• Telling others what to expect: Discussing your condition with the people around you can reduce the element of surprise that can occur with sudden mood changes.
  • Changing your focus: Focusing on your uncontrollable symptoms can make them worse. Distracting yourself with another activity can help.
  • Identifying and avoiding triggers (when possible): Certain situations can make emotional swings more likely when you have labile mood. These can include fatigue, feeling stressed or anxious, funny or sad movies/books/situations, public speaking, and talking about stressful events.
  • Walking away: A change in environment can help you regain control of your emotions during a mood shift.

Complications and Risk Factors Associated With Labile Mood

People whose mood changes are caused by mental health issues such as bipolar disorder and borderline personality disorder are at risk for suicide.

If you are having suicidal thoughts, contact the National Suicide Prevention Lifeline at 988 for support and assistance from a trained counselor. If you or a loved one are in immediate danger, call 911.

Are There Tests to Diagnose the Cause of Labile Mood?

Mental health conditions that cause labile mood are diagnosed using the Diagnostic and Statistical Manual of Mental Disorders (DSM-5). This clinical handbook gives mental health professionals specific criteria for determining whether or not a mental health condition is present.

Pseudobulbular affect (PBA) is diagnosed using history, mental status examinations, and neurological testing. Sometimes standardized questionnaires and scales are used. Certain criteria that might support the diagnosis of PBA include:

  • Emotional outbursts are unrelated to the current situation.
  • Emotions being expressed do not reflect how the person is actually feeling.
  • Emotional episodes follow a pattern of ramping up, then slowly decreasing.
  • Episodes cause significant distress and interfere with daily functioning.


Labile mood refers to unpredictable, uncontrollable, and rapid shifts in emotions. This is most commonly caused by mental health conditions, such as bipolar and personality disorders, and medical conditions that affect the parts of the brain that control emotions. Labile mood causes uncontrollable laughter, crying, irritability, and other emotional overreactions. Treatment includes medication and therapy.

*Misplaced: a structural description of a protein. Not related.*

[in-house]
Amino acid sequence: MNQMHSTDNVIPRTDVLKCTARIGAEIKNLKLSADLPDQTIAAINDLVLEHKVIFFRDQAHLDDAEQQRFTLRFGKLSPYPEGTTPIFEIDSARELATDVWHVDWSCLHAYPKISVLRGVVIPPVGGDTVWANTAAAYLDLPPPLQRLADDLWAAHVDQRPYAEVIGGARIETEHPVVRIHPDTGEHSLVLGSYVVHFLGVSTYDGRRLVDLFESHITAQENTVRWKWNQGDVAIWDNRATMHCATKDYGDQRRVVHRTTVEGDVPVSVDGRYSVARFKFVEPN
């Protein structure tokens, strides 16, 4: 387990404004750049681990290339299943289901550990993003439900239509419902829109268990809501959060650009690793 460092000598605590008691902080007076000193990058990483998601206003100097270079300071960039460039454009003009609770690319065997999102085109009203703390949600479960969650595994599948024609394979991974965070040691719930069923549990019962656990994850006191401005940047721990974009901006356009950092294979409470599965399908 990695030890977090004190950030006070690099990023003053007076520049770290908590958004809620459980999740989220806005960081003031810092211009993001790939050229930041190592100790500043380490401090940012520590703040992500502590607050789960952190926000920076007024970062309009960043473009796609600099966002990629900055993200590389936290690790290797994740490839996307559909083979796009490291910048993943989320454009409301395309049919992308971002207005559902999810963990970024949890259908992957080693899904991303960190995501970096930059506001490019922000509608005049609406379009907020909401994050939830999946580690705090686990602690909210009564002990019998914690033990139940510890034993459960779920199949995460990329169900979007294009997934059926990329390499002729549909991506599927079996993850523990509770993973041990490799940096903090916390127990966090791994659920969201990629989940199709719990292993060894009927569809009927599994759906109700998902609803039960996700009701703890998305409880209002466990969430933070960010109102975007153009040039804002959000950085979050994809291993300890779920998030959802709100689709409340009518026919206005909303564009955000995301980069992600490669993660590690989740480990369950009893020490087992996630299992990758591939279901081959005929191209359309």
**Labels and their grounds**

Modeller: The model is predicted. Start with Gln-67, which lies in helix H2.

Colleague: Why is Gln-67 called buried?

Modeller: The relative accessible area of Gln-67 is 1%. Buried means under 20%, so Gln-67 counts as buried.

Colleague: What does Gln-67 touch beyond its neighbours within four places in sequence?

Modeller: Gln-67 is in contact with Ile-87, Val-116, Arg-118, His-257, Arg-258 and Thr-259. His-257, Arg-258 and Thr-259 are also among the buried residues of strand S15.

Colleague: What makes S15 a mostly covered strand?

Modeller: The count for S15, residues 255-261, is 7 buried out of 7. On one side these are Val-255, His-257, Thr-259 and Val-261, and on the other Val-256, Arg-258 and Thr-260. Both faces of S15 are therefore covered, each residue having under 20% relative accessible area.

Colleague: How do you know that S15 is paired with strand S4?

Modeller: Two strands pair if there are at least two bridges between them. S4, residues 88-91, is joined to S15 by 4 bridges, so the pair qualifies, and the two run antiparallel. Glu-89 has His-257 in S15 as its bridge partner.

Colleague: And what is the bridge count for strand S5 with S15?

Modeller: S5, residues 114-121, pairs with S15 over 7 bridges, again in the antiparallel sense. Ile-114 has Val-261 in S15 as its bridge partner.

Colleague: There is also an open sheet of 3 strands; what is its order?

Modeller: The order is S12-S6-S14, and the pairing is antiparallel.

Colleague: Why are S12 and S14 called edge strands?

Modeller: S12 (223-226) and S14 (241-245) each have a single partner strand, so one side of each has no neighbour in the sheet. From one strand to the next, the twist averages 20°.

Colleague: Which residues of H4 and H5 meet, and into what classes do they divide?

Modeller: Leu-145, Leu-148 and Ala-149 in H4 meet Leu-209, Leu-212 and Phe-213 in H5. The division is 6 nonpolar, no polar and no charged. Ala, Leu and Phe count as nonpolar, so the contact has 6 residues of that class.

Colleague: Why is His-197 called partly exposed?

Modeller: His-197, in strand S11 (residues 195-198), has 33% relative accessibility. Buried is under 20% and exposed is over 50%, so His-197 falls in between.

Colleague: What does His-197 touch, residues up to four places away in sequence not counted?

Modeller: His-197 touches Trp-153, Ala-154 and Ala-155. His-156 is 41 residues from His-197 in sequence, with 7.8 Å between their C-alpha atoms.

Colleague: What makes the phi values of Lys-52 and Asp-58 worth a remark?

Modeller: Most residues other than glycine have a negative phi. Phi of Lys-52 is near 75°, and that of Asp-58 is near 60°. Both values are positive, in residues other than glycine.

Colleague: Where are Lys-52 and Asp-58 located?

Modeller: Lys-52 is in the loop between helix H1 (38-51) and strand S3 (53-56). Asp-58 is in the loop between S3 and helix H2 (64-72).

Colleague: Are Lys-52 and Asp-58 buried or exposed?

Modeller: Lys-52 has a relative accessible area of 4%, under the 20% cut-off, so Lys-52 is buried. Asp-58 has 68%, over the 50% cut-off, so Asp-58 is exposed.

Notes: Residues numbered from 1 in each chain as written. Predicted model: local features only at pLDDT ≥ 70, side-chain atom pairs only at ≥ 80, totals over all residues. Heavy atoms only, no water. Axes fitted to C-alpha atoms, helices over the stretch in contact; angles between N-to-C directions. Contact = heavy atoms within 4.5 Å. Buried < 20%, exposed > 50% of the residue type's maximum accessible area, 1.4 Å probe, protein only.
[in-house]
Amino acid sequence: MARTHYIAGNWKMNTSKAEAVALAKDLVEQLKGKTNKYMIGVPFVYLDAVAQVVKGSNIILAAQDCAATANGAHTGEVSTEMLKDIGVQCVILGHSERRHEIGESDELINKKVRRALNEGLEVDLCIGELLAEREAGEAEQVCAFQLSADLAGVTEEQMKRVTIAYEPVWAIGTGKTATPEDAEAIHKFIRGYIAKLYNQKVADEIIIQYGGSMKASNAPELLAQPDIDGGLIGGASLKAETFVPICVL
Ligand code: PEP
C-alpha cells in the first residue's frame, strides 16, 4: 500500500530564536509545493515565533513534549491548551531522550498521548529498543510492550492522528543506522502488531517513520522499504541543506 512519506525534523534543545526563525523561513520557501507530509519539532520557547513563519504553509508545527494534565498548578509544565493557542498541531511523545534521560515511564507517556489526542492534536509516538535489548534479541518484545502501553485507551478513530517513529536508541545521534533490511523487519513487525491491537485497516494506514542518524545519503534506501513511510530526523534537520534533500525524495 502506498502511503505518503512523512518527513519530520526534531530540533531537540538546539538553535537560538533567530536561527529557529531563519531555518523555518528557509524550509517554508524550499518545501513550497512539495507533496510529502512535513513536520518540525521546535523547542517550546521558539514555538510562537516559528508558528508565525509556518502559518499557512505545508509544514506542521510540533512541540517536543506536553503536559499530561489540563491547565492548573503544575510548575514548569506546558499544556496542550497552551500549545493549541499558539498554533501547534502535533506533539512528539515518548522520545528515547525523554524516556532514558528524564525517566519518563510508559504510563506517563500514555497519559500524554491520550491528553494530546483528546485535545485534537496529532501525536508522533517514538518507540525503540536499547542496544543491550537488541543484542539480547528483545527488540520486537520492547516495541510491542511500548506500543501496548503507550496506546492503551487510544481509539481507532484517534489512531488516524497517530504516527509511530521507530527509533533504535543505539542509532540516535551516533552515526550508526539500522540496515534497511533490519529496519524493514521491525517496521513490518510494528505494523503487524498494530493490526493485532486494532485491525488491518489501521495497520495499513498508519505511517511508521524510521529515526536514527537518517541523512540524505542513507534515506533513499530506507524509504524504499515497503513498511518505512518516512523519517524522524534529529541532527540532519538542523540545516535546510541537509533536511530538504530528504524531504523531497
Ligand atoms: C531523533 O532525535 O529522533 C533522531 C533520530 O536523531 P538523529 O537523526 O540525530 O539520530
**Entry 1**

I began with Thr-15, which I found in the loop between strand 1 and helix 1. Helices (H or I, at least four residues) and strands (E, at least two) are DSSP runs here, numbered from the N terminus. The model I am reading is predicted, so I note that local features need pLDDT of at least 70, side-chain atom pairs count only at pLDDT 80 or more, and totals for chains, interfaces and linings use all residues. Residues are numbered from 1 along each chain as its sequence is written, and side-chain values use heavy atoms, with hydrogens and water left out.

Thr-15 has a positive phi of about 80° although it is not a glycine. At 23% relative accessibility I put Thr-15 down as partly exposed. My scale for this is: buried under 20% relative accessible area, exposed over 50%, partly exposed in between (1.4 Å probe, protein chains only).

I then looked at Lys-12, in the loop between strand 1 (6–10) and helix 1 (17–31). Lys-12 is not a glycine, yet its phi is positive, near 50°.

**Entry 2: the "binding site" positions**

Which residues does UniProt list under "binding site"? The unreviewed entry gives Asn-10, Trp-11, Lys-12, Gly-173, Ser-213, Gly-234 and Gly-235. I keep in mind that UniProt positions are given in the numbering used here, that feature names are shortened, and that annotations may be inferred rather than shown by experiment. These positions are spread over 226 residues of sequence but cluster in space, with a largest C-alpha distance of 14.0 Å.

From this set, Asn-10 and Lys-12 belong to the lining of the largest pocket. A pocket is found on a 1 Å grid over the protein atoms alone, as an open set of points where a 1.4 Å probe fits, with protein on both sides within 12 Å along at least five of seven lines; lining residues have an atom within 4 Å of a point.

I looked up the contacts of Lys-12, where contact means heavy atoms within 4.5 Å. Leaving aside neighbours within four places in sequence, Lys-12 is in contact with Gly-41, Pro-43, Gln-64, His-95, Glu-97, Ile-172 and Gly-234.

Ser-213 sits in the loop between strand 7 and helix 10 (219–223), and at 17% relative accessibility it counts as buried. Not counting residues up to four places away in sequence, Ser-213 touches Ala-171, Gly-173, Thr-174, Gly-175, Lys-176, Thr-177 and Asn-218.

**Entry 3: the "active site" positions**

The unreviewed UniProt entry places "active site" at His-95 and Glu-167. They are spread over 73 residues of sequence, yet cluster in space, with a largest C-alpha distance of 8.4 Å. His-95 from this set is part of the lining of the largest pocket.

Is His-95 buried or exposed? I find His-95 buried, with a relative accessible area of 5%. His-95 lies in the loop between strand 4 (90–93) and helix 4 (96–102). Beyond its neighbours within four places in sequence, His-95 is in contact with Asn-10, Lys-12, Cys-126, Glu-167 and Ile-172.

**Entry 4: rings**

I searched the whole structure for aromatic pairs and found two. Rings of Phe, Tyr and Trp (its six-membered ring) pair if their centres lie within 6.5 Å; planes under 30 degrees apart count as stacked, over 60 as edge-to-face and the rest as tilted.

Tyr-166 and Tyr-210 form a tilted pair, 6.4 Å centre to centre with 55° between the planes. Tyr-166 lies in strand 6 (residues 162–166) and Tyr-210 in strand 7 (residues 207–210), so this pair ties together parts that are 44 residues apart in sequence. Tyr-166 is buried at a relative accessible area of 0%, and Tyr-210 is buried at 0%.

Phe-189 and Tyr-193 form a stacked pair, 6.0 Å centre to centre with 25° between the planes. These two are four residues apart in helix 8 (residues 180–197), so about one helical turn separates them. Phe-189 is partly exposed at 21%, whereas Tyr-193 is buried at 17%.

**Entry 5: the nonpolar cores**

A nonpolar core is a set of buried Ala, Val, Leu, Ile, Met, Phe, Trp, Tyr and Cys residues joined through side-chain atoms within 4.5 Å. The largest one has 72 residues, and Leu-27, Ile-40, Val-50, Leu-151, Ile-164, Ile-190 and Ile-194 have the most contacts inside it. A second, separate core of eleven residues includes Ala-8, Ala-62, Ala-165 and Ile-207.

A Word From Verywell

Living with mood lability can make a person feel shame or embarrassment. If someone you care about is living with this condition, understand that the behavior is out of their control. When mood shifts occur, provide support without making a big deal over the outburst.

If you are personally living with mood lability, know that you are not alone. Being open with family and friends about your condition can help draw less attention to your mood shifts when they do occur. Talk to a therapist about ways to cope with your symptoms and improve your quality of life. For additional support and resources, consider joining a support group.

Frequently Asked Questions

  • What causes labile mood?

    Mood lability can be caused by certain mental health disorders, such as bipolar disorder, or neurological conditions like multiple sclerosis or the effects of a traumatic brain injury.

  • What are the symptoms of labile mood?

    Labile mood describes sometimes-dramatic shifts in mood over a short period of time. It can also cause behavior that is inappropriate to the situation (such as laughing at a funeral).

  • How can labile mood be treated?

    Depending on the underlying cause, treatments can include antidepressants, psychotherapy, or a medication called Nuedexta that is specifically for labile mood caused by neurological disorders.